A Centennial Tribute: VUSM Grad Gordon Petty, MD (‘50) turns 100
by Emma Mattson
Gordon Petty, born September 19, 1920, celebrates his hundredth birthday this Saturday, September 19. His century of life is marked by medical excellence, exemplary service to his community, and unforgettable influence on all who meet him.
Dr. Petty has lived through the Great Depression, a world war, the terms of 17 American presidents, and now a pandemic. We talked with the friends and family of this VUSM ‘50 alumnus to learn more about his life and continuing legacy.
Childhood in Carthage, TN
Born only two years after the end of the first World War, Gordon Petty spent his elementary and high school years in Carthage, TN, roaming around town and serving the community in the Boy Scouts of America, Troop 367. Petty’s family has deep roots in Smith County, of which Carthage is the county seat, and his dedication to the Carthage community remains strong to this day.
After graduating high school in 1938, Petty studied math and chemistry at Cumberland University. During World War II, he served in the Navy aboard a submarine in the Pacific and then used his savings and the benefits of the GI Bill to fund his medical school education— at the Vanderbilt University School of Medicine.
Early Medical Practice
Petty proudly graduated from Vanderbilt with an MD in 1950 and jumped into independent practice on July 1, 1951. His office would remain open for the next fifty years, including the last day of the twentieth century.
When Petty began practicing, he was the youngest doctor in Carthage, but he quickly made a reputation for himself. Since the town had no hospital, Petty practiced from a home office and often made house calls.
“I drove a 1948 DeSoto. I was running day and night. I kept a blanket and pillow in the back seat because I was doing so many calls and sometimes I would stop and take a nap,” Petty recalled to The Carthage Courier back in 2016. “I guess I went to every corner of Smith County and nearly every house.”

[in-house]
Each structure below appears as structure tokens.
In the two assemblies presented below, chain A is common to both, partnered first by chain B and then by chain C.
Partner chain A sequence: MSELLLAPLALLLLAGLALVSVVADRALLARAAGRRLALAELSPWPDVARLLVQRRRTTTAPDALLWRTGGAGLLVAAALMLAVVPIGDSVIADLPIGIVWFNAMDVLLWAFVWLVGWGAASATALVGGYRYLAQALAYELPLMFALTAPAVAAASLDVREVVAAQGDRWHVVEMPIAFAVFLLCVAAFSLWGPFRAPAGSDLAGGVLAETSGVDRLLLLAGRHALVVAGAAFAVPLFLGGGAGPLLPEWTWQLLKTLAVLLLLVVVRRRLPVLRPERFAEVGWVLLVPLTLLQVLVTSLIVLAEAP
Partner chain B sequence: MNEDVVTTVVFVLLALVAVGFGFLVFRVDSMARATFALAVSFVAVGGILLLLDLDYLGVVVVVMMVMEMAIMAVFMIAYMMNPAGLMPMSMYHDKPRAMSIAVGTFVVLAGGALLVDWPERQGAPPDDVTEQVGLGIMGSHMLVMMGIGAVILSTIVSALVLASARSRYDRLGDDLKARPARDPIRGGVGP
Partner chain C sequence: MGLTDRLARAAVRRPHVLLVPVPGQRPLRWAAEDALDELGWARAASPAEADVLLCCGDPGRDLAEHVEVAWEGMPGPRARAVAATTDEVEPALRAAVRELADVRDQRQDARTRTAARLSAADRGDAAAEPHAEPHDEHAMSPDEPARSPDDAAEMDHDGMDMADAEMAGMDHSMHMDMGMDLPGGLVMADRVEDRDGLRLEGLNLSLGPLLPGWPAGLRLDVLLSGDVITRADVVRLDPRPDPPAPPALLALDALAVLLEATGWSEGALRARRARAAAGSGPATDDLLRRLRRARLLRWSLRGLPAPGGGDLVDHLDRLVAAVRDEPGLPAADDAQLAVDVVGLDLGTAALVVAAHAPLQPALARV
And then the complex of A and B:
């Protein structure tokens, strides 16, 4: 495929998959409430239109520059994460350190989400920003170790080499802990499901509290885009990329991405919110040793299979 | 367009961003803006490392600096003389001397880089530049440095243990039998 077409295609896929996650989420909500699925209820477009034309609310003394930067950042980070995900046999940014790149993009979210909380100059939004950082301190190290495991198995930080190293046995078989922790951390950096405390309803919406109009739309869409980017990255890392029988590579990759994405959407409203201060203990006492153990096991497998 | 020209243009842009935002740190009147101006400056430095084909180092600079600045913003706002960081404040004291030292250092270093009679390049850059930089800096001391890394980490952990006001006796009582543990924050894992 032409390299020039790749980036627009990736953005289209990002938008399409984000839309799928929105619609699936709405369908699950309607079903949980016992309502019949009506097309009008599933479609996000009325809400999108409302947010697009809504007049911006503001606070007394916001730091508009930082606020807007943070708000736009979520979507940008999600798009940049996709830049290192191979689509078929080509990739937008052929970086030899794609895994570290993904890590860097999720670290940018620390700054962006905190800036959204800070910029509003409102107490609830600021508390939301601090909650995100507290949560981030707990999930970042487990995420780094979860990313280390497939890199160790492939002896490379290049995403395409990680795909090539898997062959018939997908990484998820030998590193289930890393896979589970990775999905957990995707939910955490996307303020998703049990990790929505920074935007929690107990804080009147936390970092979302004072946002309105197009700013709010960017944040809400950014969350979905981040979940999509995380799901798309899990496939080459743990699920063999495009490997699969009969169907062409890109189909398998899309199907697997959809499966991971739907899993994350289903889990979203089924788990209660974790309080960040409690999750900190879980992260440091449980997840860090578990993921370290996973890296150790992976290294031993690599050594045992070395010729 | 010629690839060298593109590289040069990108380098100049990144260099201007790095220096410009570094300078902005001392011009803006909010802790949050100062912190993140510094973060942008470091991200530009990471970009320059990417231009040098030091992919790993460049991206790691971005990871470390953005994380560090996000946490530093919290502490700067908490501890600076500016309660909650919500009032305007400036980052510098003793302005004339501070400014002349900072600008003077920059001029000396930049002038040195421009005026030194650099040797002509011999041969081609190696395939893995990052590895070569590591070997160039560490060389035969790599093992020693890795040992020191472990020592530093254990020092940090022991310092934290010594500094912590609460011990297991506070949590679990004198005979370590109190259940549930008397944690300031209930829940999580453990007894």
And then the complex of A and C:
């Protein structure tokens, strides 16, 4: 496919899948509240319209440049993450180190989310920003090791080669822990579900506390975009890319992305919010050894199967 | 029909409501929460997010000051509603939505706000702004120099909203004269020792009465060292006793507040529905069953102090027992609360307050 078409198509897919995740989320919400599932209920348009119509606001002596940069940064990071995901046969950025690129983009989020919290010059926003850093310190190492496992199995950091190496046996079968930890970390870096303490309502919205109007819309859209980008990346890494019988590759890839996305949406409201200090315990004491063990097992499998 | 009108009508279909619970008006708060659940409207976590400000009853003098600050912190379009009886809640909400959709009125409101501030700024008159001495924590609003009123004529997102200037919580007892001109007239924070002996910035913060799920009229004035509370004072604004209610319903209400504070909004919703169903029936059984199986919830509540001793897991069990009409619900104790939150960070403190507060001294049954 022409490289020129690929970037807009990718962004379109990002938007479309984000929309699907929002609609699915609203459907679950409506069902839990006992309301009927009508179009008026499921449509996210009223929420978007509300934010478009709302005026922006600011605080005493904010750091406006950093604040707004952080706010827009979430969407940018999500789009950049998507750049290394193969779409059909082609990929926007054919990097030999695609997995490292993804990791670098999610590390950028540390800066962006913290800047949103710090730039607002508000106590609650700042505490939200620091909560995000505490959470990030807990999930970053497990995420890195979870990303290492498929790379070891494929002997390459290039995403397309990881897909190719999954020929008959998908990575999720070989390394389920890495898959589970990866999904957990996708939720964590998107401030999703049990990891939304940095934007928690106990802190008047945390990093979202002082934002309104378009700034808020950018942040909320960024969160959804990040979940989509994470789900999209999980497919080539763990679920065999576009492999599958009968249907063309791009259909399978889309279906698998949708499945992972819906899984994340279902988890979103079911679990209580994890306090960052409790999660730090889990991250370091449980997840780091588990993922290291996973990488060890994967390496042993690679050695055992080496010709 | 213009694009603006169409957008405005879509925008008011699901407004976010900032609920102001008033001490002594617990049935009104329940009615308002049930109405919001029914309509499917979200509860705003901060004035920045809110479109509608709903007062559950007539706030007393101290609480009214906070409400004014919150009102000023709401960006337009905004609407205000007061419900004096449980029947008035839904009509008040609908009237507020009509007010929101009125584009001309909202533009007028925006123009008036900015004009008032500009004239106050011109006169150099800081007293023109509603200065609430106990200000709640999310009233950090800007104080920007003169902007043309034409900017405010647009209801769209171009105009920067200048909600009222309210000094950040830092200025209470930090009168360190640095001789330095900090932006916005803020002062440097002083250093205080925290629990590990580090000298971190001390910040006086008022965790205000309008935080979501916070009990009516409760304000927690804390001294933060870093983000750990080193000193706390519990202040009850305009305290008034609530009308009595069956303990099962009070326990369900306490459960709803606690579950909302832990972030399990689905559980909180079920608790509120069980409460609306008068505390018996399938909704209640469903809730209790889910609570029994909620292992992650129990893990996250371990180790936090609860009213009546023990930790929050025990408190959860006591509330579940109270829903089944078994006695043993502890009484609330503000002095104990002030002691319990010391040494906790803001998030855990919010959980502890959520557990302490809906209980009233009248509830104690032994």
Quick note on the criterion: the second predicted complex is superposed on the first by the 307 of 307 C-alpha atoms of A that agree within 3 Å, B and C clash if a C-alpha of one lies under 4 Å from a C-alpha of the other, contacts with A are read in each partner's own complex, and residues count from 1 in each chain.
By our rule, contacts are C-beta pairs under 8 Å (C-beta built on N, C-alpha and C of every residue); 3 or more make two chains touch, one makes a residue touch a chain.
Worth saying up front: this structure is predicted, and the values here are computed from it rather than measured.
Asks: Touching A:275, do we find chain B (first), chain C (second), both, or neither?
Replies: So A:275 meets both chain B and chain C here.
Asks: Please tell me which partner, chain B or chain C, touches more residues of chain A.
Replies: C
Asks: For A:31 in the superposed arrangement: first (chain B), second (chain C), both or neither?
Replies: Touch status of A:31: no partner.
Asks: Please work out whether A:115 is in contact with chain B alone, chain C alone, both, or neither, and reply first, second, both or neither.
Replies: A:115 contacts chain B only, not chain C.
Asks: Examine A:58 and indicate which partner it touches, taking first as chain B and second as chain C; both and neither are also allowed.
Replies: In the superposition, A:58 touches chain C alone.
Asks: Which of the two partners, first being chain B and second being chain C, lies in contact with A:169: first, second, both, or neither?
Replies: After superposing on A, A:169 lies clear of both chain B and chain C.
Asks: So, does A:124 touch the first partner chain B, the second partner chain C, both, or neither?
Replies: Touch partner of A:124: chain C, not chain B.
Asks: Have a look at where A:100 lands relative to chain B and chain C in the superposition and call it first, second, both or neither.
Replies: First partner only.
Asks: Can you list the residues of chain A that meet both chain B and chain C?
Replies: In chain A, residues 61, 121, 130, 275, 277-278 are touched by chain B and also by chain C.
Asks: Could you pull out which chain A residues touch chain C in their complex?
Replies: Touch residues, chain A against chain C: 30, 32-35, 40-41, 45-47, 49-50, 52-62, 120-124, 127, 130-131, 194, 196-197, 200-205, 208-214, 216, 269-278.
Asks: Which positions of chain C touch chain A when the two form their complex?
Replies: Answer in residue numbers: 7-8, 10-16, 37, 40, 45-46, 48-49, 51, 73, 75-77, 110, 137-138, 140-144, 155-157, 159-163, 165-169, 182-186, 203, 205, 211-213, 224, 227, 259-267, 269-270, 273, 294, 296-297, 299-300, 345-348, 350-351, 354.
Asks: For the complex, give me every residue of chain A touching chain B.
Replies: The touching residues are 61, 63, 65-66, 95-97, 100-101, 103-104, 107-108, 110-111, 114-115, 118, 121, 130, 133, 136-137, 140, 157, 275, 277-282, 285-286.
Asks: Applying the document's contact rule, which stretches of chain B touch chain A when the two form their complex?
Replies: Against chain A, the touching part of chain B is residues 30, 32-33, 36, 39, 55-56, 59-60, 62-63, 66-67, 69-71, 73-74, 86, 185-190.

Petty was always on duty, and when he received an emergency phone call he’d back out of his driveway with such speed that his headlights could be seen flashing down the street.
“Jack of All Trades” Physician
In the late 50’s, Petty began practicing in tandem with his med school classmate Dr. Hugh Green. By 1954, they had helped to establish Carthage’s first hospital.
Not even the initial lack of a hospital could stop Petty from providing high-quality care to his patients— including those who required minor surgeries! Petty’s surgical skill is one reason his stepson Mike Maggart describes him as a “jack of all trades” physician.
“To me, one of the most amazing things is how doctors like him came out with only a year or two of extra training and could go to work doing extraordinary things,” Maggart, himself a cardiothoracic surgeon, said.. “He was doing general surgery, tonsillectomies, delivering babies like crazy—as a general practitioner!”
Though he could be stern when he wanted to be, Petty often won his young patients’ hearts with a bit of good, old-fashioned fun.
Marian Cothern, a long-time family friend of the Petty’s, recalls her tonsillectomy in Petty’s office at age 5. When she found she was to have an operation, Cothern began throwing a fit in the doctor’s office. But when Petty arrived, he knew just how to pacify her.
“He said, ‘Come on, you want to ride a horse?’ And I can remember going down the hallway on his back and him galloping like a horse,” Cothern said. “As far as how he got me in the operating room, I don’t remember that. But when I came out, Mother said he had me in his arms.”